January 25, 2021

The Editor Speaks: Christians blamed for anti-Islamic rhetoric

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I seldom read other local media reports, normally because I don’t have the time, but I was quite frankly wondering what to write about today so I went on a search.

I have, of course, known there is some anti-Islamic rhetoric going on here over the appointment of Cayman’s new Muslim governor, , who will take over from Helen Kilpatrick in March 2018.

I am not surprised there would be some protests being made about the appointment and expected there would be a petition and letters being written to the FCO about it. I have been proved right.

With every day it seems some madmen claiming to be Islamists try to and succeed in blowing up buildings and killing and maiming people, it is no wonder non Islamists view this religion with suspicion and even hate.

However, does this label all Islamists in the world as madmen and terrorists?

Are all white people slavers?

Are all black people savages?

Are all Christians practising the teachings of Jesus Christ?

Are all Jews to be blamed for killing Jesus (actually it was the Romans).

I could go on and on with this labeling but you get my drift?

What has shocked me, however, is the claim in the article on under the heading “Imam knocked back on interfaith efforts” that Christian leaders here turned their back on a visiting imam from the Ahmadiyya Community in Canada, who came here on a mission of goodwill.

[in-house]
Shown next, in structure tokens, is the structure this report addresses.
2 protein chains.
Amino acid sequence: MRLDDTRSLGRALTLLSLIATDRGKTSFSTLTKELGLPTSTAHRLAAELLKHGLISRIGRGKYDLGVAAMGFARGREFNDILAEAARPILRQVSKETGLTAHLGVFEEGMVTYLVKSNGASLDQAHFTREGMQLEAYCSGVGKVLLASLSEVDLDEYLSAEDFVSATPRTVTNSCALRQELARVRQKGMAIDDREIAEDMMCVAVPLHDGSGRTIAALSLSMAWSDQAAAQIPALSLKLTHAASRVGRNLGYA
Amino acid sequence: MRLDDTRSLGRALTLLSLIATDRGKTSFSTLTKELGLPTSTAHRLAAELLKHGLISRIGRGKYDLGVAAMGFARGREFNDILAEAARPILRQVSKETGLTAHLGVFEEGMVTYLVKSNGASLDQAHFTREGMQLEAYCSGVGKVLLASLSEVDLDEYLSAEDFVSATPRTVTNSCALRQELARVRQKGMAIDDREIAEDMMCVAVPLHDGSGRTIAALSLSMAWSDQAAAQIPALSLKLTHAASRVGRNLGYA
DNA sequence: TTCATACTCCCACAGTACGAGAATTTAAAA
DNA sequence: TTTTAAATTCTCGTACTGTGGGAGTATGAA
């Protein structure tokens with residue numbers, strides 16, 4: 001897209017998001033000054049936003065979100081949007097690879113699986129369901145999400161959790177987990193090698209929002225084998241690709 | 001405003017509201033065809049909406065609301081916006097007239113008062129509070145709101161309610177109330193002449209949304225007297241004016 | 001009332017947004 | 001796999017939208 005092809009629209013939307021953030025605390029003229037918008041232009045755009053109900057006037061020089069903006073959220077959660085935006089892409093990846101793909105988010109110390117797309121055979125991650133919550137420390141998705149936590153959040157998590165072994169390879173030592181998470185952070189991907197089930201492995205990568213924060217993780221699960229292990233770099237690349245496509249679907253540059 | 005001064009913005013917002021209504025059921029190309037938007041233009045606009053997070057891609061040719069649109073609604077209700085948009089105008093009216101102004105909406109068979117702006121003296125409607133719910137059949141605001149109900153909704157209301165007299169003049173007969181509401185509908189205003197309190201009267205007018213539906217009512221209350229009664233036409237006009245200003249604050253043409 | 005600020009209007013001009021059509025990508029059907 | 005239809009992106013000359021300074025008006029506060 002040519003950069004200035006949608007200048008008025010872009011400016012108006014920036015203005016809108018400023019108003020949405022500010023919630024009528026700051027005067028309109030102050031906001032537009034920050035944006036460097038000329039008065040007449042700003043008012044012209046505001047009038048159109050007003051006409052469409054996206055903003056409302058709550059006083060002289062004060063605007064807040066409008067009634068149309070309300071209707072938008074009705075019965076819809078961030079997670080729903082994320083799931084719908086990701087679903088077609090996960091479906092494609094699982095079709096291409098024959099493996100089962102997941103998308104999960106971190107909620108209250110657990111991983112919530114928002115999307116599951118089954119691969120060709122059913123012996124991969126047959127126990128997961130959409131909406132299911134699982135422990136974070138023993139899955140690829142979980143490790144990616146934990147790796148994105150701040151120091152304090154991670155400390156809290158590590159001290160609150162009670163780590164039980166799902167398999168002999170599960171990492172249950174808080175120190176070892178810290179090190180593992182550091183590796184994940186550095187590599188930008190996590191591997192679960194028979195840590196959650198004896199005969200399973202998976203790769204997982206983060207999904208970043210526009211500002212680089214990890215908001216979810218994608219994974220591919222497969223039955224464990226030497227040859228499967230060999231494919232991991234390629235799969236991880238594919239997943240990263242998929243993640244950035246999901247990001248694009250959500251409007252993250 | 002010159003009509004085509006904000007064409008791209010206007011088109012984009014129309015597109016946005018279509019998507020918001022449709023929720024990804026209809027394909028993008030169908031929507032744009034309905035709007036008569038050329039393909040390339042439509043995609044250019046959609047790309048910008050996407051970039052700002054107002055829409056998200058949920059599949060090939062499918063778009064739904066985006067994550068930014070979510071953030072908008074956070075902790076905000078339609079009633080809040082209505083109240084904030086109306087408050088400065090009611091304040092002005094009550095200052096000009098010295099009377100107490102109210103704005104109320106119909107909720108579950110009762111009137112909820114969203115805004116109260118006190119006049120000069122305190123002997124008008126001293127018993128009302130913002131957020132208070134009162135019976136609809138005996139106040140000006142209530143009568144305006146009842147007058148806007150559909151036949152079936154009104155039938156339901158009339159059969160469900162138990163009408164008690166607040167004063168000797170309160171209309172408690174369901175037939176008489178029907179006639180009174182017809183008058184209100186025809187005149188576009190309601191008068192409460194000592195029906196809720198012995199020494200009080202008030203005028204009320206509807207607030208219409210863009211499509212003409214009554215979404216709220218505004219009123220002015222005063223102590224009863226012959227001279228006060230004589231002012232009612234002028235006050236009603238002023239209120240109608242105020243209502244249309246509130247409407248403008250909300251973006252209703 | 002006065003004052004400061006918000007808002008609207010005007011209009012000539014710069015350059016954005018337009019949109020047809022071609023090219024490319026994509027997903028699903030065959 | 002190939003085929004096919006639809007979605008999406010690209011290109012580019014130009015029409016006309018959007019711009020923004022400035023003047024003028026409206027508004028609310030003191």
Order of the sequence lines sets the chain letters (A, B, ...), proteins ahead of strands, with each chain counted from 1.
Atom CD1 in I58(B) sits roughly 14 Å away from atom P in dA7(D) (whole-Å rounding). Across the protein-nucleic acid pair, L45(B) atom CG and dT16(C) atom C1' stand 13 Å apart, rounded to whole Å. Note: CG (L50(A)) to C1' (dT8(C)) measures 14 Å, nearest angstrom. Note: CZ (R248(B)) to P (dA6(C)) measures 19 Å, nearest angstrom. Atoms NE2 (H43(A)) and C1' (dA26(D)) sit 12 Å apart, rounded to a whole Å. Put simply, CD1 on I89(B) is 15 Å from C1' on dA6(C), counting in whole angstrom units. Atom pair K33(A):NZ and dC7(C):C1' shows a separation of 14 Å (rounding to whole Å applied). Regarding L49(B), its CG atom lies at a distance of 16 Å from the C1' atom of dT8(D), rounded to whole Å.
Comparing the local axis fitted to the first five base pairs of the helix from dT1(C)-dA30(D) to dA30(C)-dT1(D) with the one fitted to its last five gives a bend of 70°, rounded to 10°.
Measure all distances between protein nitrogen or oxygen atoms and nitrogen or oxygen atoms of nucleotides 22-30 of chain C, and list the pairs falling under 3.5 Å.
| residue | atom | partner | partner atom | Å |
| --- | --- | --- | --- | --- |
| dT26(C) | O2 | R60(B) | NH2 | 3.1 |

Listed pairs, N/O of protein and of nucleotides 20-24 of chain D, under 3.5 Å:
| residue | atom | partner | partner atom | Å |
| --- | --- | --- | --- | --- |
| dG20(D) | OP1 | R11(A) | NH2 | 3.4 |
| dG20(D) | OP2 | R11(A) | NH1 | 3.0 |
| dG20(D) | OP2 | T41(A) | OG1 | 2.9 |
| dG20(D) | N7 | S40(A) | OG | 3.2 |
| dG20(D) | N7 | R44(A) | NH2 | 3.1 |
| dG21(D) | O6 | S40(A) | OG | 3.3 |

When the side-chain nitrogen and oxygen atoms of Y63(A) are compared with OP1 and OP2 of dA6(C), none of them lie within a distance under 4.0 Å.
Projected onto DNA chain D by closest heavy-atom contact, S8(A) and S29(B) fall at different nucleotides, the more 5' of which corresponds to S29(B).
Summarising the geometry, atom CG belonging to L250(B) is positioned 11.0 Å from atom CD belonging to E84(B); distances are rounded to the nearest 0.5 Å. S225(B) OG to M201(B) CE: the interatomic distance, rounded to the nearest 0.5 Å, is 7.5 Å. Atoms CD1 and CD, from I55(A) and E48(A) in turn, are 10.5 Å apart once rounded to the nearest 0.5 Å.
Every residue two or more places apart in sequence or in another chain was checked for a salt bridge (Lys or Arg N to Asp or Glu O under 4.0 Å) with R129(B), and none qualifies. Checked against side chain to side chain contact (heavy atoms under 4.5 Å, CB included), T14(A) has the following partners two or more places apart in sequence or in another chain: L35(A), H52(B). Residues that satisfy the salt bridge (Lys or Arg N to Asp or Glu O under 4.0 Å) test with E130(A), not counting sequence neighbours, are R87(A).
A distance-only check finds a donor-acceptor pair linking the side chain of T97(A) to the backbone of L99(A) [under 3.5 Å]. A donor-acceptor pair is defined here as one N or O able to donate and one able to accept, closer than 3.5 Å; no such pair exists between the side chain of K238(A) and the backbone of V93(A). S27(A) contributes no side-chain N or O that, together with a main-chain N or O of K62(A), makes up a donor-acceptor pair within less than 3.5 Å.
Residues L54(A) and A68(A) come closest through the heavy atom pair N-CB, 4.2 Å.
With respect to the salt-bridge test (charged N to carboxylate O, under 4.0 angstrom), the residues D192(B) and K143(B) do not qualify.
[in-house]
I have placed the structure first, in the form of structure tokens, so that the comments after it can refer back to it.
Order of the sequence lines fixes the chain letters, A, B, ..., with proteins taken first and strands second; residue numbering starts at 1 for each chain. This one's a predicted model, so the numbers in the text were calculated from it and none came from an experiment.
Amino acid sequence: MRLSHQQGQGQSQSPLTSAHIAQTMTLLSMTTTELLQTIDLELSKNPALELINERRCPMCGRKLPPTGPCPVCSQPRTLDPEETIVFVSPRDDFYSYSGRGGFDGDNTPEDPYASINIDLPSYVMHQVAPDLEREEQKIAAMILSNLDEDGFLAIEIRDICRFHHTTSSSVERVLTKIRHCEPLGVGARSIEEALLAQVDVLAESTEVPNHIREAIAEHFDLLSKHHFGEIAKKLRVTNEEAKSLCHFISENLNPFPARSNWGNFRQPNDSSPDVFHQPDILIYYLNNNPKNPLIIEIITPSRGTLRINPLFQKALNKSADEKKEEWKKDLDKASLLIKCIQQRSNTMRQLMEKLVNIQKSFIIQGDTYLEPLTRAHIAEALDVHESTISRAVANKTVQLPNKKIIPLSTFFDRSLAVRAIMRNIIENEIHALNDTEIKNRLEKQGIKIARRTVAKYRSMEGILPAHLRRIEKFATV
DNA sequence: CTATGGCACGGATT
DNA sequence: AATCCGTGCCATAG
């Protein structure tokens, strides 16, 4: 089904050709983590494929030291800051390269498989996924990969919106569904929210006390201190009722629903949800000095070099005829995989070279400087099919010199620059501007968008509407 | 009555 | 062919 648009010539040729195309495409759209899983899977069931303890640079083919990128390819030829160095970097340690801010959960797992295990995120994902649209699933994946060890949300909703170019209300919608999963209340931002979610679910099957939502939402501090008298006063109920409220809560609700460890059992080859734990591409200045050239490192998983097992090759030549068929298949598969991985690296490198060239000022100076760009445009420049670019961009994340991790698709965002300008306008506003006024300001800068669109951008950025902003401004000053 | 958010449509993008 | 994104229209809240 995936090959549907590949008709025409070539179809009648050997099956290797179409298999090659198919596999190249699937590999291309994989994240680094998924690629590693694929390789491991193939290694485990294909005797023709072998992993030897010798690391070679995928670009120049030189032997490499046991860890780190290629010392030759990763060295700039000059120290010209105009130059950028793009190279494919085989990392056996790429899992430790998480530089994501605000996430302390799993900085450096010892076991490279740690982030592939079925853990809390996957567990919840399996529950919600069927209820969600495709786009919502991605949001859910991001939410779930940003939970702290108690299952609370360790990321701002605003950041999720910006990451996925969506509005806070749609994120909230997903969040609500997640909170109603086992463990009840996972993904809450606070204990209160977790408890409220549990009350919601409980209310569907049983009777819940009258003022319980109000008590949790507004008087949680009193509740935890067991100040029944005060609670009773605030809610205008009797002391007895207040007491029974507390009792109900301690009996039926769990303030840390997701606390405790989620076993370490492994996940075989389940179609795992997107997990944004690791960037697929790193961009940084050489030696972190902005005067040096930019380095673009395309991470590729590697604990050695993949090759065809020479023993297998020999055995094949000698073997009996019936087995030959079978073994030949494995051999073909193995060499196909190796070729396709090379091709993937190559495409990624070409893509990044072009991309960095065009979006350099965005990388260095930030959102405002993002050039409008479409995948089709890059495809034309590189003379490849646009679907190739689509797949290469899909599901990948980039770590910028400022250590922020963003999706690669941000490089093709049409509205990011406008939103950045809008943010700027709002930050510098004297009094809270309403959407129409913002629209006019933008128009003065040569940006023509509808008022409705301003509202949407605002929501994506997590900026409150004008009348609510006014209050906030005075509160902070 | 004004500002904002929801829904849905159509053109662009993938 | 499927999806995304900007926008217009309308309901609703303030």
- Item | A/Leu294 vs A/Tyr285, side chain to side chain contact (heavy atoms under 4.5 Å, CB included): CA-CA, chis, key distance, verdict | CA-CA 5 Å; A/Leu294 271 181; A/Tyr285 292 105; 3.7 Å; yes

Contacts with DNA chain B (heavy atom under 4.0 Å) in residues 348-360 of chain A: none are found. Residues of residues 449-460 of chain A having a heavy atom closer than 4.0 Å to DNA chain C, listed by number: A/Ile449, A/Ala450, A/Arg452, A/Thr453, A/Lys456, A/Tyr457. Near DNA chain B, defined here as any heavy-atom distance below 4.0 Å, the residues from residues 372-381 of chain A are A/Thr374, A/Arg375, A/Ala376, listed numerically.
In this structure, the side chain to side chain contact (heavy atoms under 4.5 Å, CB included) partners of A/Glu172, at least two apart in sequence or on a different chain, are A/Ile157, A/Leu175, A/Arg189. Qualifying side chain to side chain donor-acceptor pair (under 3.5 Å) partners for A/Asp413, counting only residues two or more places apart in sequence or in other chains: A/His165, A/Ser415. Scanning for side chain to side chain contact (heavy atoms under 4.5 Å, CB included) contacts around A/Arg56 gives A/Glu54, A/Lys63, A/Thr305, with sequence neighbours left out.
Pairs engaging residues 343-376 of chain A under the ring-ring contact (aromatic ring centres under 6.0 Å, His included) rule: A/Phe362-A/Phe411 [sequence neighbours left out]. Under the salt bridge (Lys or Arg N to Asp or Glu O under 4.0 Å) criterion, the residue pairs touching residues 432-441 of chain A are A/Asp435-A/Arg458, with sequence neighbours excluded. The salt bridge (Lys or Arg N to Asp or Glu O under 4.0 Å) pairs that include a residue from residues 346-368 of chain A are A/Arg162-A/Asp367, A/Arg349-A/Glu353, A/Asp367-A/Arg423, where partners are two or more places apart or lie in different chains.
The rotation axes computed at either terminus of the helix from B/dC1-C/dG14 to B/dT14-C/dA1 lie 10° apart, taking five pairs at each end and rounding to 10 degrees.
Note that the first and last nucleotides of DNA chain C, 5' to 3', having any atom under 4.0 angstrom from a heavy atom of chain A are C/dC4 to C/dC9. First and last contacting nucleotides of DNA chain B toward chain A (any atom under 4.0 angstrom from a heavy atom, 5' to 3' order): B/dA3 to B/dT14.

The article says imam who belongs to a sect of Islam dedicated to peace and interfaith cooperation, “offered to explain Islam over a coffee to anyone in Cayman interested in understanding why the vast majority of the world’s Muslims are not terrorists.”

“But Aizaz Khan received a less than warm welcome by local Christians during his short visit. Khan arrived on vacation a few weeks ago and offered to answer any questions anyone had about Islam. Hoping to meet with local Christian leaders to begin building bridges, he instead was met with insults and derision.”

He said that “his offer to discuss the issue of religion, and Islam in particular, was largely rejected by the local Christian community”.

I don’t believe it. He certainly wasn’t talking to Christians I associate with and join. I incidentally worship at both the Anglican and the communities.

Khan said he was called “scum” by some Christians!

“CNS contacted a number of local Christian leaders but none of them would speak on the record about the idea of interfaith communication, with some being hostile about the notion and others dismissing it as something that Cayman did not need.”

CNS has never been afraid at naming anyone they contact yet here we have no idea who they contacted. Therefore I can dismiss that statement out of hand.

What Khan should have done was written to the local churches before he visited. Then I am positive he would have got a different response.

Unfortunately he is now labeling the majority of Christians, I didn’t even know he was here, as being un-Christian to the extreme.

NO PRACTISING CHRISTIAN WOULD EVER CALL HIM SCUM!!! They could never be called Christian if they did.

If you want to read the whole article as you should go to: https://caymannewsservice.com/2017/08/imam-knocked-back-on-inter-faith-efforts/

At least he found “younger people and some less conservative Christians, as well as those from the Filipino Christian community, were in some cases happy to engage.”

If he had found me he would have had a very old conservative Christian to chat with him over a cup of coffee. And some of my old Conservative friends, too.

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